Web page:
Depends on batch size. For space grade ICs, we were allowed no failures any batch of quantity under 10,000. Since we never did that many S grade devices in a year, we had to have no failures or the batch was downgraded to mil grade or to civilian grade depending.
That included at wafer level, too. Although at that time, we were still using 4 inch wafers for a lot of product.
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W8JX
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« Reply #19 on: September 19, 2011, 07:11:22 AM »

As far a China goes, is anyone surprised?
All they do is try to copy and then change the process to cost as little as possible and make junk to export.

Labor is cheap there so no need to cheapen process. They just have QA issues. I have some 16 year old Chinese tubes in my linear and they still work fine. USA priced itself out of tube business on a lot of tube types. Were it not for China there would be a lot less tube amps in use today and many in a early grave.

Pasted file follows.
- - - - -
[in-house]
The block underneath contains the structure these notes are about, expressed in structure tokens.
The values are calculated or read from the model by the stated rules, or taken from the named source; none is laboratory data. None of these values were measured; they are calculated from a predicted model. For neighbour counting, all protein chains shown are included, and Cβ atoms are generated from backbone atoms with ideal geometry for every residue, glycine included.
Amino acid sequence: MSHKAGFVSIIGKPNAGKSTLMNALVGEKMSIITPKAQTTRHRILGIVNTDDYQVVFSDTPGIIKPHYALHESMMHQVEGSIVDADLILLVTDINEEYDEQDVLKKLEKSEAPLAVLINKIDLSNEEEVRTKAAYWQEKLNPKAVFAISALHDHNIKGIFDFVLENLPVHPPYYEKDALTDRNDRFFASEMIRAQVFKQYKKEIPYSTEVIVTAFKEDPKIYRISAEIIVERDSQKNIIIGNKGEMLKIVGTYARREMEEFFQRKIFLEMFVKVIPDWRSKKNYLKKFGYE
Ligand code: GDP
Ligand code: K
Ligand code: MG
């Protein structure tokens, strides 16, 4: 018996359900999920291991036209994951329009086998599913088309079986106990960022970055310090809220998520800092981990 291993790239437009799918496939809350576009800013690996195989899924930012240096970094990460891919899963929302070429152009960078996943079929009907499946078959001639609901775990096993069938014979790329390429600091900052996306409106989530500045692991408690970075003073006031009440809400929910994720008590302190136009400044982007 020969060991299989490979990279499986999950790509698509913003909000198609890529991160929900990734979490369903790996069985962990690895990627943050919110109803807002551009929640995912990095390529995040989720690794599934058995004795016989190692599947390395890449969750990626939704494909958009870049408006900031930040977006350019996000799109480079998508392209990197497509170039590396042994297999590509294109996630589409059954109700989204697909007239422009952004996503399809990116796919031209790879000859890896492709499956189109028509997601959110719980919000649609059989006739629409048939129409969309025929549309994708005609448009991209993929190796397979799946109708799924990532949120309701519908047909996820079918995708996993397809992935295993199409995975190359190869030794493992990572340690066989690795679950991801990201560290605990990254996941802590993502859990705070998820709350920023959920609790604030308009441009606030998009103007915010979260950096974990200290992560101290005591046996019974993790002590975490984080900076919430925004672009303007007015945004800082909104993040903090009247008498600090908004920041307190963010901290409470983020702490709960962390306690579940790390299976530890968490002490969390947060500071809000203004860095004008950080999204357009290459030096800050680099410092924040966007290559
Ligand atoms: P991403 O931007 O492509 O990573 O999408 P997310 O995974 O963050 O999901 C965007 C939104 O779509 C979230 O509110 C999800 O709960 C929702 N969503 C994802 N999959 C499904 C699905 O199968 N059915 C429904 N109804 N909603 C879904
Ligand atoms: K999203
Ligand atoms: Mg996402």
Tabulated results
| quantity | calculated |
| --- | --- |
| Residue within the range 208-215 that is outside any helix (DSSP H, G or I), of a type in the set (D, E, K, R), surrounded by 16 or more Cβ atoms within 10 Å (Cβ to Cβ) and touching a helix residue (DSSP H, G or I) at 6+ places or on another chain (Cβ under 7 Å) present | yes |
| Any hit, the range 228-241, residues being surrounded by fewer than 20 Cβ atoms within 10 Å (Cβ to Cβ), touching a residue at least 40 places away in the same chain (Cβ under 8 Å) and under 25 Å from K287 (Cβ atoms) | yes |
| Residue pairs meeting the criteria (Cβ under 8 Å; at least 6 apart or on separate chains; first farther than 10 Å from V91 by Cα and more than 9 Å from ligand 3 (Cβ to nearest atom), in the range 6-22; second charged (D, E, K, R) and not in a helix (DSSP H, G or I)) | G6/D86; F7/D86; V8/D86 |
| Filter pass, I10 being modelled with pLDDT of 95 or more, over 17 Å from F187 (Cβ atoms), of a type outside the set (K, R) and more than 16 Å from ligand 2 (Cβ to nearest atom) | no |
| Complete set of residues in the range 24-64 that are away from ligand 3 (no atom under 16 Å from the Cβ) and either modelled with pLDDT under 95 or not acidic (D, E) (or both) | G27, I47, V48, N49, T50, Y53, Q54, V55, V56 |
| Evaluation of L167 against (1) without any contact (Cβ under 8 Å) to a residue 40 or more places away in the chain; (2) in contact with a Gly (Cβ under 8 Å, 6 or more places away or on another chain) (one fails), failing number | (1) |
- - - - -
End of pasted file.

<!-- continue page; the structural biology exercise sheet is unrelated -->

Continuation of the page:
Wrong on both counts.

The more human element is put into a process, the less reliable it is. Especially when it is a parallel build and multiple people build identical components. When good manufacturers build tubes everything is fixtured and one person does all of one process in a continuous build. This way they are all the same, and they either pass or fail as a group.

The worse way to build is multiple people doing the same job, not using fixtures, and then switching jobs. 

To understand reliability we have to look at dozens or hundreds of tubes from multiple batches. You have no idea what quality or reliability is really like based on a sample of two tubes from one batch.